Data integration company Software Tree introduced Gilhari, a microservices framework designed to simplify JSON persistence in relational databases.
According to the company, developers can quickly develop high-performance, database-agnostic, and Docker-compatible RESTful solutions that need to interact with JSON data.
“Developers shouldn’t have to jump through hoops to adapt to modern computing trends,” said Damodar Periwal, the founder and president & CEO of Software Tree. “Gilhari moves in Docker containers. Gilhari talks REST. Gilhari helps developers glide smoothly into the promised land of the microservices-based application architecture while leveraging trusted relational databases for exchanging JSON data.”
The Chaos compiler v0.1.0 released
The Chaos language team announced a new compiler implemented in the compiler.c module. It takes the Abstract Syntax Tree (AST) that is built by the parser as input and spits out the C code.
Chaos programs are compiled against the language’s source. It packs the Chaos runtime into the compiled binary.
The Chaos binary has a flag ‘-e,’ ‘–extra’ to inject extra flags into the C compiler command for advanced users. With this flag developers can increase their debugging possibilities.
More information is available here.
Kotlin Android Extensions update
Over the course of the next year, Android as well as JetBrains teams will jointly deprecate synthetics in favor of continuing to support its recommended option, View Binding.
Developers still using Parcelize can continue to use the same annotations and APIs, however, in the module-level Gradle file, developers can start using the standalone kotlin-parcelize plugin instead of android-kotlin-extensions.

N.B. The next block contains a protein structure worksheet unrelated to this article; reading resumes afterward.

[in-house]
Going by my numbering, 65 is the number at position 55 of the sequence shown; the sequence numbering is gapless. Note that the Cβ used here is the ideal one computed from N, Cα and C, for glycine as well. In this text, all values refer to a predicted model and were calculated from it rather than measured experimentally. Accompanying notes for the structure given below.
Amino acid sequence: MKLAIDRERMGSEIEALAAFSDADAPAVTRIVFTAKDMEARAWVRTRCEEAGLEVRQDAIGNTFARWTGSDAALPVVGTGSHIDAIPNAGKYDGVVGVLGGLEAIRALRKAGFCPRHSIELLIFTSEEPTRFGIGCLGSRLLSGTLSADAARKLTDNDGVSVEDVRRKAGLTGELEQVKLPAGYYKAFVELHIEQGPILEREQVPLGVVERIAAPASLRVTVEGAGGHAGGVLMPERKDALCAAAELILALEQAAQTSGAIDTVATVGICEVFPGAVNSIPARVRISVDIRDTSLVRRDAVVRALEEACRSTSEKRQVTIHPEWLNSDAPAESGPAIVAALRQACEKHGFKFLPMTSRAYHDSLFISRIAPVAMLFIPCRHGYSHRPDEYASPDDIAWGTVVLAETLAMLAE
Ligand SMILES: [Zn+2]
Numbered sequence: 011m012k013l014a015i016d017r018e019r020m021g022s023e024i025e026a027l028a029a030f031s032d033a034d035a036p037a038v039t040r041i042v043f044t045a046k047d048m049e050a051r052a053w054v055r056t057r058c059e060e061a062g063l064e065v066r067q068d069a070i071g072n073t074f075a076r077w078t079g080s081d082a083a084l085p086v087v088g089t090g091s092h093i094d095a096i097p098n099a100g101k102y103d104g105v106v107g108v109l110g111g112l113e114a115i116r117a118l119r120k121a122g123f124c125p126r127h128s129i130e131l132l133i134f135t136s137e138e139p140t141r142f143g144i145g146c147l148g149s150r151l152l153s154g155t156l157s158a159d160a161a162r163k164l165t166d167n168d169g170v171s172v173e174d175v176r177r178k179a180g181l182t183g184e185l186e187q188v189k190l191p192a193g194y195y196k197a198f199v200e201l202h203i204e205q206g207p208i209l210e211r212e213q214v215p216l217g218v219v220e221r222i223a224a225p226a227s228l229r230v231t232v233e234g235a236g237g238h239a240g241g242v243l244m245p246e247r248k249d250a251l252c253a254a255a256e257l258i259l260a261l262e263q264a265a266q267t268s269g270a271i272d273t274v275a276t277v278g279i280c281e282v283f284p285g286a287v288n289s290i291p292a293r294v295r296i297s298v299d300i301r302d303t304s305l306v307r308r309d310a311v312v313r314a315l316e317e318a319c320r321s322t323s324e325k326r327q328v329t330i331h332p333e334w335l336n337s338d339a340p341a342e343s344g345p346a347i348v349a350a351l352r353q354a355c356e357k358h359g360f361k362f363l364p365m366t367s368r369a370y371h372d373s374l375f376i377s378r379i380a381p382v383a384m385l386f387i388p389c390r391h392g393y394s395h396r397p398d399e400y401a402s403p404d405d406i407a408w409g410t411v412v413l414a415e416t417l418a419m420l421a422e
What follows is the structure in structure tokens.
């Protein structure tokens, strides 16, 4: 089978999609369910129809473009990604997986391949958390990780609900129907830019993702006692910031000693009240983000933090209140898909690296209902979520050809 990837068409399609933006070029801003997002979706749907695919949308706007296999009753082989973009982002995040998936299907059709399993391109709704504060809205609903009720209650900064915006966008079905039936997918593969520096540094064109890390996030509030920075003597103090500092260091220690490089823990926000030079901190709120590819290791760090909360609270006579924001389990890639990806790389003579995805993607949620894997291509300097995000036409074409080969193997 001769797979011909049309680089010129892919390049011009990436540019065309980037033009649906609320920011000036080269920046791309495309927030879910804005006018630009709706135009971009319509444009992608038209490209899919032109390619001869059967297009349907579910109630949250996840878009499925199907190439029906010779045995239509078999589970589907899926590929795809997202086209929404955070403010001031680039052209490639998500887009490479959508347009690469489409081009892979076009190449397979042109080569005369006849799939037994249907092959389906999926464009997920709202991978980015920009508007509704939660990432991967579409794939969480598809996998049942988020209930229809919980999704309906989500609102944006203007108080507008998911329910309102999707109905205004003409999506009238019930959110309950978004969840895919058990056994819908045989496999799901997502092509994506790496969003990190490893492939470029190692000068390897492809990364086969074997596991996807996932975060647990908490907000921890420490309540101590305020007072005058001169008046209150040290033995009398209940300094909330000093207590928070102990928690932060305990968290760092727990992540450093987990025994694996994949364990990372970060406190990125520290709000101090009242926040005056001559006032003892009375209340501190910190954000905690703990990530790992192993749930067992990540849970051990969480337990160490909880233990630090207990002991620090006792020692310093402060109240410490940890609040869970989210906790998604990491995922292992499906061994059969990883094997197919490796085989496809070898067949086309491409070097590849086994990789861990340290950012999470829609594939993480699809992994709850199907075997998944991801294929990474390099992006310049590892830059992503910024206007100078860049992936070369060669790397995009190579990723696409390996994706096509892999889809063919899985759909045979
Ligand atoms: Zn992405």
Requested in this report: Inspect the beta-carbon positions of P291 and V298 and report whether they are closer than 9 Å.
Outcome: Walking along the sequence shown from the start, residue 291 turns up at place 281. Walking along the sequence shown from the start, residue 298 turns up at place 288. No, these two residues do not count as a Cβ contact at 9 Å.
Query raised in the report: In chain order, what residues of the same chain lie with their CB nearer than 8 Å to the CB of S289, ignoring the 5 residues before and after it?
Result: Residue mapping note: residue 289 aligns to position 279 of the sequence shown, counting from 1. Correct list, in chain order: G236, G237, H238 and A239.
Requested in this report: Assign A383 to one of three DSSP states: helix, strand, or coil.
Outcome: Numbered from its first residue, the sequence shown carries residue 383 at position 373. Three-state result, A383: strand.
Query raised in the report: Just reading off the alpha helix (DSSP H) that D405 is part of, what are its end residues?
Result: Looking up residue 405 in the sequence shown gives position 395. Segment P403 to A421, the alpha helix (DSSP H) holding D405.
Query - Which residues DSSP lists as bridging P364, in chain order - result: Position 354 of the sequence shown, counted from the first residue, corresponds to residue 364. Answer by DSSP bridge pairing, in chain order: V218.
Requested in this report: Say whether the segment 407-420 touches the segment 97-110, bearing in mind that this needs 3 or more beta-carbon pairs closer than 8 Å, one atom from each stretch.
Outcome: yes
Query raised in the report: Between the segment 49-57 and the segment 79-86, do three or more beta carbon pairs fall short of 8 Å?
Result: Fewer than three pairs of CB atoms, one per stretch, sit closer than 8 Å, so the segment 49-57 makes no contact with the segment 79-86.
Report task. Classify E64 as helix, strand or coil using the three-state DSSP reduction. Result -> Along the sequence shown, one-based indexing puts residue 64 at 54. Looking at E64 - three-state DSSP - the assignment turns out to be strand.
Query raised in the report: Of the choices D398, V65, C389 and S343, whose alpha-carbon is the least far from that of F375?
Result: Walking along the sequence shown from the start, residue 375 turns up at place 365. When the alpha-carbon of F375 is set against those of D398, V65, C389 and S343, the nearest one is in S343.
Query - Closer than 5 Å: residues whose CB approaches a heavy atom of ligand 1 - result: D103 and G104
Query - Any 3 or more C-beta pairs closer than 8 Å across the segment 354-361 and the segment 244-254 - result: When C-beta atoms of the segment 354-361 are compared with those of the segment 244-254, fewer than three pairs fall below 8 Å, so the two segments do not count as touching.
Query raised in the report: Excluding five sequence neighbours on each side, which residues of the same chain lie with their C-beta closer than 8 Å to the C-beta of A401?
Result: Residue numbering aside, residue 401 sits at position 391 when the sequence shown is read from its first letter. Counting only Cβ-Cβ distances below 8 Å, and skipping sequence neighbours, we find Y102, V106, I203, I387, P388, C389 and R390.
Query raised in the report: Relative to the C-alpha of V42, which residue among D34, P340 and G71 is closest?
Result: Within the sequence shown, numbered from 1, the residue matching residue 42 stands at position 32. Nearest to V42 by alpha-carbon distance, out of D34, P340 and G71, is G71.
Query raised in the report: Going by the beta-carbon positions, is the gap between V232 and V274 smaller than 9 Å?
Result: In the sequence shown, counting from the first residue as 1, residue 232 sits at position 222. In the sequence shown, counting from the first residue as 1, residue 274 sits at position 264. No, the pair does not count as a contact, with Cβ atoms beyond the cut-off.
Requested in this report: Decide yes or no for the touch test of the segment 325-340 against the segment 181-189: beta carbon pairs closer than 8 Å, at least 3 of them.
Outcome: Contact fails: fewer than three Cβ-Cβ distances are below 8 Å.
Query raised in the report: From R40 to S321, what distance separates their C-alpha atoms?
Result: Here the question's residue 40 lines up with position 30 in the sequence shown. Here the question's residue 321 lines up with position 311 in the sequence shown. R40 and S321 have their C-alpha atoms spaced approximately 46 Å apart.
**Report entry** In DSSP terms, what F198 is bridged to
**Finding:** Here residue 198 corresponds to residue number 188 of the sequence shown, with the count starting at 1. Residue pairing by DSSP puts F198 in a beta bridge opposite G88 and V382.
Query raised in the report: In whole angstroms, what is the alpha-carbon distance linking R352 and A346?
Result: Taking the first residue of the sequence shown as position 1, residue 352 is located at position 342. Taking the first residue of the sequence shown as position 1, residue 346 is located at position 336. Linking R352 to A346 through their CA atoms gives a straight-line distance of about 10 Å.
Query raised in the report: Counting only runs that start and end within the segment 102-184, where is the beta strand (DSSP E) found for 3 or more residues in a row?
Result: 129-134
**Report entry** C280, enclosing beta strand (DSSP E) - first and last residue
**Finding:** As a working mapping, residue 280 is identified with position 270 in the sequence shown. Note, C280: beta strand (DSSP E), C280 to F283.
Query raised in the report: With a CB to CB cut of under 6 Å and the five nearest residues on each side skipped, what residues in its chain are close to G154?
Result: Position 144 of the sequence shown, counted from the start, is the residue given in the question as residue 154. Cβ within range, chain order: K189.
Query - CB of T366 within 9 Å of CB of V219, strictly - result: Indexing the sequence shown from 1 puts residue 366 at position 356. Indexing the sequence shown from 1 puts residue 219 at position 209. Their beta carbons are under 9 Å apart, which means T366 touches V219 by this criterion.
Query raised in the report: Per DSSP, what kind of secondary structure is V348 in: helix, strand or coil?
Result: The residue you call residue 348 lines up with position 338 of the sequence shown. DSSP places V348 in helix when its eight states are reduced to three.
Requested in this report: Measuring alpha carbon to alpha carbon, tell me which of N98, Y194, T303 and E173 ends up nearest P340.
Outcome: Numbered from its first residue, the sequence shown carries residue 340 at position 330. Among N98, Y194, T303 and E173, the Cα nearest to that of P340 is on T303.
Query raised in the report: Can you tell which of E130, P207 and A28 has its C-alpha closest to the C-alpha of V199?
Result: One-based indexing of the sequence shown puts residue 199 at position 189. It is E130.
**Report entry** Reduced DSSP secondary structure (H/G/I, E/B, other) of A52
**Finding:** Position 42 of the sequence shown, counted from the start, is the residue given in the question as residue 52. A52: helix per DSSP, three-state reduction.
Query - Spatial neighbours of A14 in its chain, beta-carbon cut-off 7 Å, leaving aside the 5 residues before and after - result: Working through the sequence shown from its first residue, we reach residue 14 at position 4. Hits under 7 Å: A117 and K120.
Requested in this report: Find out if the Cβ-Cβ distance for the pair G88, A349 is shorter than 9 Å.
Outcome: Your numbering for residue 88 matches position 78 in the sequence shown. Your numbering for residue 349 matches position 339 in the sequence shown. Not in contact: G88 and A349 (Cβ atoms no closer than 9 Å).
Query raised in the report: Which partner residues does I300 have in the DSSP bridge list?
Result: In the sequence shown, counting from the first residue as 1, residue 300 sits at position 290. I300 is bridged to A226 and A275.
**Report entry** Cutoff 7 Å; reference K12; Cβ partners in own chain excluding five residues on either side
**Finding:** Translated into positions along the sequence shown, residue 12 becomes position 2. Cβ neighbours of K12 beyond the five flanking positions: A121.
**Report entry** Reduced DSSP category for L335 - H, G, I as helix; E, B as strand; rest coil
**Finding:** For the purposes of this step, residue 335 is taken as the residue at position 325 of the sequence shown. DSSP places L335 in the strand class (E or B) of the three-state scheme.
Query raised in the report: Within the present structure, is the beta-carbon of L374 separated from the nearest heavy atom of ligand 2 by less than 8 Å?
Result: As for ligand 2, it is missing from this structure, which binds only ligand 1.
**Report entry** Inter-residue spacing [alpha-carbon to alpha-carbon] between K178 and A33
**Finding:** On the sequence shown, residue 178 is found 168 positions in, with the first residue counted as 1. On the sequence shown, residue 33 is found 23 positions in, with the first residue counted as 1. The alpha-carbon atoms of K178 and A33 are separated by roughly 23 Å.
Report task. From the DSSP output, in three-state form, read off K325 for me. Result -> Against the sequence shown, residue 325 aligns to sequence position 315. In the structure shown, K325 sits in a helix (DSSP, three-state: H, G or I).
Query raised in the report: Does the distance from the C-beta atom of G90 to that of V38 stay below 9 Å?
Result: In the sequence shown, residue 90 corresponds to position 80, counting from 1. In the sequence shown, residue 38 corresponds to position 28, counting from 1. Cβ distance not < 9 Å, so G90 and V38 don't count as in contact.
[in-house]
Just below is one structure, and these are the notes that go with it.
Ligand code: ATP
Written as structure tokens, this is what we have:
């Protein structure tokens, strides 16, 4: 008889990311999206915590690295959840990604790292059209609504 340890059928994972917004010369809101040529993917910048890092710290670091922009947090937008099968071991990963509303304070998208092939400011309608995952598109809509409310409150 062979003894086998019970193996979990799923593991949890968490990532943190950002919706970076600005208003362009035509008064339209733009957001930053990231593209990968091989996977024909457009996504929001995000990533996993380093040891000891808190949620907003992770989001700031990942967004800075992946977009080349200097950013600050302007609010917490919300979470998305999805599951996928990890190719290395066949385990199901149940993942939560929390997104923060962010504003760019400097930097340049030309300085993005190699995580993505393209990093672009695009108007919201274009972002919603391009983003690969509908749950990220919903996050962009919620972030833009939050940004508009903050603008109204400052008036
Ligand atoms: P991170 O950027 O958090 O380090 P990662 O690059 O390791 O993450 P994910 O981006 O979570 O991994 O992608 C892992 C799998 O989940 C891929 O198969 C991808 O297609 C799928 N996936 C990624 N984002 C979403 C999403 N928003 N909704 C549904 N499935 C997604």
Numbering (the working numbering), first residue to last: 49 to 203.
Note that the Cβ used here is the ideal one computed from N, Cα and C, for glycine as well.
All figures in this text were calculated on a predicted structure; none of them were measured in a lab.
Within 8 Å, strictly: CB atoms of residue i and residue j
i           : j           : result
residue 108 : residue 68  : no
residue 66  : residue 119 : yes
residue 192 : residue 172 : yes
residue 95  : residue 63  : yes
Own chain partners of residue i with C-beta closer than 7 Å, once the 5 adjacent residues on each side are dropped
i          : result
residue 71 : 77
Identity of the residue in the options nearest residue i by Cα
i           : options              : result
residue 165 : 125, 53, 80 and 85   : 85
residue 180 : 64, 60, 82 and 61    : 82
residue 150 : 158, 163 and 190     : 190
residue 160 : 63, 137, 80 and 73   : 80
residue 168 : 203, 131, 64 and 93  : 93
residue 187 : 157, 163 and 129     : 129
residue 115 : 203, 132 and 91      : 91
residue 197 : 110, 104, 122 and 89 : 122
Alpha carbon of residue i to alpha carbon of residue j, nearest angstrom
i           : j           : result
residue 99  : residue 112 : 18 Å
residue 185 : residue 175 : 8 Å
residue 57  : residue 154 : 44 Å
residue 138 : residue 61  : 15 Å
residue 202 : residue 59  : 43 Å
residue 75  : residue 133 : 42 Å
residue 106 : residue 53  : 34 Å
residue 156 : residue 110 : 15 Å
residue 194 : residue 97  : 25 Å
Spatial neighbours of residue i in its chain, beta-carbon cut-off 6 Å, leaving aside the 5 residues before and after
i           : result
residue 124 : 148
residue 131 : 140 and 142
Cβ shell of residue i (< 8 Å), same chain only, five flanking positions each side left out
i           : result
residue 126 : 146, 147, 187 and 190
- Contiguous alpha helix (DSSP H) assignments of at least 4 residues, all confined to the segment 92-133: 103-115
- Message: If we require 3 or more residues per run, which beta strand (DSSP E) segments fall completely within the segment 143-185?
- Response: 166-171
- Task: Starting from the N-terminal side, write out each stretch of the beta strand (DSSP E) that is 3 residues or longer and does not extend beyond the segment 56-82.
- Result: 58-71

View Binding for Android is an officially supported library that has deep integration with the Android build toolchain and provides similar functionality as Kotlin synthetics.
Linux Foundation offers open source diversity course
The new course called Inclusive Open Source Community Orientation (LFC102) delves into facts about diversity in tech, the importance of diversity for innovation, the basics of unconscious and societal bias, and how to recognize the different ways unconscious bias presents itself in technical environments.
“Open source projects are best when they cultivate contributions from a wide range of individuals with different backgrounds from all over the world, so it is prudent for community members to ensure everyone feels welcome,” said Chris Aniszczyk, the CTO of the Cloud Native Computing Foundation (CNCF). “This course will guide open source projects on how to build inclusive communities, which is why we will be planning to require all CNCF project leadership to complete this training starting next year.”
LFC102 is free and complements the existing LFC101 – Inclusive Speaker Orientation course.
Apache weekly roundup
Last week at Apache saw the release of Apache APISIX Dashboard 2.0 and Dashboard 2.1. Dashboard is a dynamic, real-time, high-performance Cloud-Native API gateway, based on the Nginx library and etcd.
Meanwhile, Apache ShardingSphere UI 5.0.0-alpha was released, which transforms ApacheShardingSphere from sub-database and sub-table middleware to distributed database ecology.
Other releases this week included SkyWalking Python 0.4.0, Tuweni (Incubating) 1.3.0, Daffodil (Incubating) 3.0.0, and more.
The full list of new releases is available here.